Snowboarding is often labelled as an extreme sport, and as such has developed a reputation as something which is potentially dangerous and a disruptive influence at winter sport resorts throughout the U.S. and Europe. The truth is far less extreme however, and the fact remains that if performed responsibly snow boarding can a great activity to do in almost any circumstance. From a Stag Do or Hen weekend to an exhilarating and enjoyable past time for the young and old alike. What is crucial is that you pay attention to certain specific details while you are learning and perfecting your craft, and avoiding actions which can endanger the safety of yourself and those around you.
The Do’s of Off Piece Snowboarding: How to Be a Responsible Boarder
As with any activity that carries the risk of injury, the key to staying safe lies in your preparation. It is not a commonly recognized fact that it is your arms and hands which are most susceptible to injury while you board, with 60% of all recorded snowboarding accidents resulting in damaged wrists and forearms. So procuring the relevant safety equipment is a necessity, with wrist guards and helmets the 2 most crucial items of equipment to invest in. These more than repay their cost even if you never have an accident, as they afford you peace of mind and allow you to learn and board without fear.
This level of preparation is also key in shaping other good practices when it comes to boarding. For instance you should always match your skill level to the slope that you choose to practice on, so research each resort and decide whether the terrain suits your experience level and strengths as a boarder. If you do find that one is too challenging, then either slow your pace or stop completely. The same principle applies to fatigue while boarding, as physical or mental tiredness will result in poor judgement and errors. As much as you have protected your body, take care to listen to it and take a break when it tells you it is struggling.
The Dont’s of Off Piece Snowboarding: The Art of Learning Your Limits and the Craft
Like any activity that requires skill and dexterity, becoming a capable snowboarder is founded on the art of learning. Not only must you understand your own abilities and the positioning of those around you, but you must also comprehend the intricacies of how to fall and adapt in the case of incident. For example, when a board does go awry, breaking your fall with an outstretched arm can lead to serious wrist injury or even a broken collar-bone in the worst instance. Avoid this at all costs, as regardless of the level of protection afforded by your equipment the impact can still have grave consequences.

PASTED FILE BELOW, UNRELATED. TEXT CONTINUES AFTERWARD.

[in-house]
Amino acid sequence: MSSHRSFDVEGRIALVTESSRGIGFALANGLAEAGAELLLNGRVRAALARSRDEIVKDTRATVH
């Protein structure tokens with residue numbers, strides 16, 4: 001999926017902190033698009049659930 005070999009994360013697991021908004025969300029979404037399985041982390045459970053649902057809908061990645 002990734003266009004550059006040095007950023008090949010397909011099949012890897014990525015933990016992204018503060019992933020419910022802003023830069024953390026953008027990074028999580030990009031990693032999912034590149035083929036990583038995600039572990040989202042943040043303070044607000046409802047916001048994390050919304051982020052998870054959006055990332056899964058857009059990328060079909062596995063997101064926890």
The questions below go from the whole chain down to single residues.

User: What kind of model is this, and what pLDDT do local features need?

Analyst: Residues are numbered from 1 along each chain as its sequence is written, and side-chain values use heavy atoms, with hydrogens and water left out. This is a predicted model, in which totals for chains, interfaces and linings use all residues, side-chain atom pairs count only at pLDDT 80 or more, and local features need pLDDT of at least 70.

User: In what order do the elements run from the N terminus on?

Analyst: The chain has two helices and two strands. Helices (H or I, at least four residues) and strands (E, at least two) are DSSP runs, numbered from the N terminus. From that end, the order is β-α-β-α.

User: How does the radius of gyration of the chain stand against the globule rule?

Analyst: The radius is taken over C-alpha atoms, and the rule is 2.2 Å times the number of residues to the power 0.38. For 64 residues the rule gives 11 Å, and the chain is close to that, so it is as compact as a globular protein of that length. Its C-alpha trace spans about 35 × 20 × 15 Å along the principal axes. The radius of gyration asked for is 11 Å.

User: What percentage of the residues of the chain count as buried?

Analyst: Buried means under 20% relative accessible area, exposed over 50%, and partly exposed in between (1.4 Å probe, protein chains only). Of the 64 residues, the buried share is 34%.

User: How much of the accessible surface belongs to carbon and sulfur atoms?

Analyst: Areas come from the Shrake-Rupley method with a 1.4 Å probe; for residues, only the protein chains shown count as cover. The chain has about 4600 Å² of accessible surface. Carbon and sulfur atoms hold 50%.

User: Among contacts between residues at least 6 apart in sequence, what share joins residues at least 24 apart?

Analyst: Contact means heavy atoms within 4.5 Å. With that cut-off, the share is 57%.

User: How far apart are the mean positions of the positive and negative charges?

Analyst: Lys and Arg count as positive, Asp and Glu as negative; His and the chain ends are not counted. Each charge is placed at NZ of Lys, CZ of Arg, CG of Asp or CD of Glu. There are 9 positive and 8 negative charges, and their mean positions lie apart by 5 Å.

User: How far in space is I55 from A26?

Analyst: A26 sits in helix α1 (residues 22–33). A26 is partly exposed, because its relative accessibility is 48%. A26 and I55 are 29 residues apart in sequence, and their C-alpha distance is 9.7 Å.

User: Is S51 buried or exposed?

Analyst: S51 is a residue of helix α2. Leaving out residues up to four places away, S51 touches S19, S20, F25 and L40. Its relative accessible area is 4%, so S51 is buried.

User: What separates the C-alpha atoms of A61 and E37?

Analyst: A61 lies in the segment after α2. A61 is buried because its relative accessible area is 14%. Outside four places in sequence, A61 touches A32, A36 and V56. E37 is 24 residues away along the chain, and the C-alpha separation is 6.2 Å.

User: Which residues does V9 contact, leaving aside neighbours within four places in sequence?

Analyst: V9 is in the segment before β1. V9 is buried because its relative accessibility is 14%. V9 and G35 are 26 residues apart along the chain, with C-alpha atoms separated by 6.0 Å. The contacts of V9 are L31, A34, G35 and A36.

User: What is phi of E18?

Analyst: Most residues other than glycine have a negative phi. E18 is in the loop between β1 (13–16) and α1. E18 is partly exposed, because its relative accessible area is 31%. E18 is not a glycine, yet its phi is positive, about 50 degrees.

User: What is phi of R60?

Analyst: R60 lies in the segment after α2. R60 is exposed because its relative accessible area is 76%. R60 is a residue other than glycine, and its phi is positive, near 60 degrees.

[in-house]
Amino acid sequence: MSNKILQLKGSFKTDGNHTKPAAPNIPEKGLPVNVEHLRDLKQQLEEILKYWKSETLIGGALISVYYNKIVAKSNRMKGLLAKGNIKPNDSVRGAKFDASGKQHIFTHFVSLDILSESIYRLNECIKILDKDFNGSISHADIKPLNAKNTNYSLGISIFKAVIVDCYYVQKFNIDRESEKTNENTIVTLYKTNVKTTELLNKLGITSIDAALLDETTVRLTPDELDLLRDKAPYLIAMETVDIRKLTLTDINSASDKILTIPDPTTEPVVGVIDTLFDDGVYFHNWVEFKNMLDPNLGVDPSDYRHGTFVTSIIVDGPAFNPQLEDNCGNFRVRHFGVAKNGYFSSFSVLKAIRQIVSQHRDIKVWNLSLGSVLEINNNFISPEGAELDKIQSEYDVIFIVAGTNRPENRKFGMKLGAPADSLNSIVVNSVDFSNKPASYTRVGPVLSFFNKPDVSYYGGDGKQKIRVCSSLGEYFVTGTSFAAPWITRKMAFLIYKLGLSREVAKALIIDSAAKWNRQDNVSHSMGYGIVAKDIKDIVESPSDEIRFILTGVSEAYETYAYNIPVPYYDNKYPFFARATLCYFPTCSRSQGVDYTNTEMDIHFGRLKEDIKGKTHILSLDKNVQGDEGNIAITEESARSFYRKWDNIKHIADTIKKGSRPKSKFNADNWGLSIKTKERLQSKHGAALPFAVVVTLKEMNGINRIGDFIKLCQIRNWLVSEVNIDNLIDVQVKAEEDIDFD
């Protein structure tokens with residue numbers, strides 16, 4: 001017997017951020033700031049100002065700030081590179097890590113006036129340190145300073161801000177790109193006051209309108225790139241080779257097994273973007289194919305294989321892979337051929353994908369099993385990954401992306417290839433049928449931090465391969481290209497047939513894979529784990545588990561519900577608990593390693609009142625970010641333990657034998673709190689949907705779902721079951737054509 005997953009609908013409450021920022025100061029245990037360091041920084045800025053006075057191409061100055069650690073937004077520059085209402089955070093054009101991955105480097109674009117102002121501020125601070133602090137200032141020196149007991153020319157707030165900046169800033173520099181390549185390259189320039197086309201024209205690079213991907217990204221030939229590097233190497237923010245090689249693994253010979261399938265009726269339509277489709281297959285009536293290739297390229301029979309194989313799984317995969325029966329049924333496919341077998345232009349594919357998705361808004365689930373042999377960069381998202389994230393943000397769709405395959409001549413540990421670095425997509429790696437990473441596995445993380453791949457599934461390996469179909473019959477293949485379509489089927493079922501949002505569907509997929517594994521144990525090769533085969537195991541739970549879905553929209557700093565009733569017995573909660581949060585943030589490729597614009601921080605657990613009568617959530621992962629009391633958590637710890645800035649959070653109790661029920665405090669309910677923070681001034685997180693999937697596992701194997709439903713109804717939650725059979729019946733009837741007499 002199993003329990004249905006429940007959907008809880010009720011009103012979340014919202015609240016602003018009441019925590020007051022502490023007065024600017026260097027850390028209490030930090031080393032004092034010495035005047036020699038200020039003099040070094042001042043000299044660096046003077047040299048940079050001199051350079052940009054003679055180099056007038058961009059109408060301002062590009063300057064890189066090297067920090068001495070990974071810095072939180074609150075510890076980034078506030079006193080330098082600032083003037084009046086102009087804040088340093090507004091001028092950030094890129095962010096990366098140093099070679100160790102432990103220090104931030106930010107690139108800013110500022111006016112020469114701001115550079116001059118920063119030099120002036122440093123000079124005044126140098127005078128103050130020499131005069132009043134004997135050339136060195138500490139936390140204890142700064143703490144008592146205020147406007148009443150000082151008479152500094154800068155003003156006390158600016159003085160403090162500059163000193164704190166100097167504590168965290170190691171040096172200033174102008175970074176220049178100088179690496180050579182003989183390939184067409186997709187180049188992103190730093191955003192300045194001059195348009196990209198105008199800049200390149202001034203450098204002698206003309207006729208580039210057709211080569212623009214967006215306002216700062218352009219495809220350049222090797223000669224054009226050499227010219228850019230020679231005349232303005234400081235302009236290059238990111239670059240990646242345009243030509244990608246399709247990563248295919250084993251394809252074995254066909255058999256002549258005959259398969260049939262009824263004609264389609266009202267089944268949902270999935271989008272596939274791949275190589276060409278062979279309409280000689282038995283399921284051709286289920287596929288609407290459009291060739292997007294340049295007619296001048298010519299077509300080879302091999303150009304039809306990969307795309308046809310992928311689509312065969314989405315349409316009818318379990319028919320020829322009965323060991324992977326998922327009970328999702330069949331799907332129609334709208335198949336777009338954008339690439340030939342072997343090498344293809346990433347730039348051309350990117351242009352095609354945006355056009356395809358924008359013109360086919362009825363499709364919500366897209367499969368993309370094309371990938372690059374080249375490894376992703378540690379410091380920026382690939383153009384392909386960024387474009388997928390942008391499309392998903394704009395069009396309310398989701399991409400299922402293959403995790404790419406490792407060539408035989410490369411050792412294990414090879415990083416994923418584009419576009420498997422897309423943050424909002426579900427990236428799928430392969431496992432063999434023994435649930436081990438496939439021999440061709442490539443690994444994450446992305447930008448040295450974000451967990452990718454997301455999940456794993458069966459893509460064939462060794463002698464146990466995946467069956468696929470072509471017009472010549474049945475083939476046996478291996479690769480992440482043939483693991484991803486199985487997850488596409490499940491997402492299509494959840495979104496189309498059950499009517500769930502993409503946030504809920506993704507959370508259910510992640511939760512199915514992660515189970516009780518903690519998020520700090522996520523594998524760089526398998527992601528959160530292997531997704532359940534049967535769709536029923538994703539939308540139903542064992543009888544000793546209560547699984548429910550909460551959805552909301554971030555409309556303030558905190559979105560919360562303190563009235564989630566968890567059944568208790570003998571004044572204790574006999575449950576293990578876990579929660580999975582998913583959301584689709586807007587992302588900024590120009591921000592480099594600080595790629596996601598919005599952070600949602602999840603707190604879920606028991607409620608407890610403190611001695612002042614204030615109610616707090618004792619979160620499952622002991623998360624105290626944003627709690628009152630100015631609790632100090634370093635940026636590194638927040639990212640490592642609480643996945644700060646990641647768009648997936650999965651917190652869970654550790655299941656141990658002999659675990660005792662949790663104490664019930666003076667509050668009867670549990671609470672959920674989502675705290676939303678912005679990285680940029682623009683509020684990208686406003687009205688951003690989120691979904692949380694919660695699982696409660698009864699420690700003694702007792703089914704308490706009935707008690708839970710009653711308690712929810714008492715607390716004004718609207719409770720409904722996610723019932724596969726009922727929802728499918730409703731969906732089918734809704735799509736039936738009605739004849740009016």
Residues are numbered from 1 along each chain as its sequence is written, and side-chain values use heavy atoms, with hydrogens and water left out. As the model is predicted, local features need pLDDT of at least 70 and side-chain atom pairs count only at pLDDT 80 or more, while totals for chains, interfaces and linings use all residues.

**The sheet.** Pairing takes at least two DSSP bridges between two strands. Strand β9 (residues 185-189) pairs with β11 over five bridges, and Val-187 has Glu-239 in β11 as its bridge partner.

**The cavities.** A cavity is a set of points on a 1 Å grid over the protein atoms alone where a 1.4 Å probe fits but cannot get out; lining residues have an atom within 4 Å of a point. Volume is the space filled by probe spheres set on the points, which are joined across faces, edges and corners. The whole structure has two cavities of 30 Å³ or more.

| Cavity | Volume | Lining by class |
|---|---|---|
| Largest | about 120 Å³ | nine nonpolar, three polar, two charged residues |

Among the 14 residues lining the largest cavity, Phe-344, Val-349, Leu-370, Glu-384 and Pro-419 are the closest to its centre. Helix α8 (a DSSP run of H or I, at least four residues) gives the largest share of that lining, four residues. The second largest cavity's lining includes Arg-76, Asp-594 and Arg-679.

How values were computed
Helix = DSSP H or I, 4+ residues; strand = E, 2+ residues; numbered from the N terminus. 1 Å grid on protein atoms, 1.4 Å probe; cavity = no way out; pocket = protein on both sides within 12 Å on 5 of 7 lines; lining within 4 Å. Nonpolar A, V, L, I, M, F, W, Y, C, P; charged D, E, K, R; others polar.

Avoid allowing the carefree nature and exhilaration of snow boarding to cloud your judgement. Flying through the air and performing spectacular landings is all well and good, but not if your leaps are too ambitious or you have not checked the landing zone properly. You cannot afford to perform jumps over 2 feet or change position in the air unless you are experienced, so avoid this until you have learned the craft rigorously. Similarly do not select a landing area without checking it for loose rocks or potential obstacles, especially if it is busy and crowded with other people and boarders.
The Bottom Line
Essentially snow boarding can be a fun and adventurous activity, so long as you act responsibly and take the time to learn about the art itself. Protecting yourself physically is also crucial, as this ensures that no serious damage can be done even when you lose focus and take a tumble from your board. Becoming carried away by the excitement or failing to recognize the potential hazards around you are all preludes to disaster, so do not be afraid to be cautious in your approach and ensure that snowboarding remains the care free past time that it is intended to be.
Wrriten by Annabel, Event organiser for Chillisauce.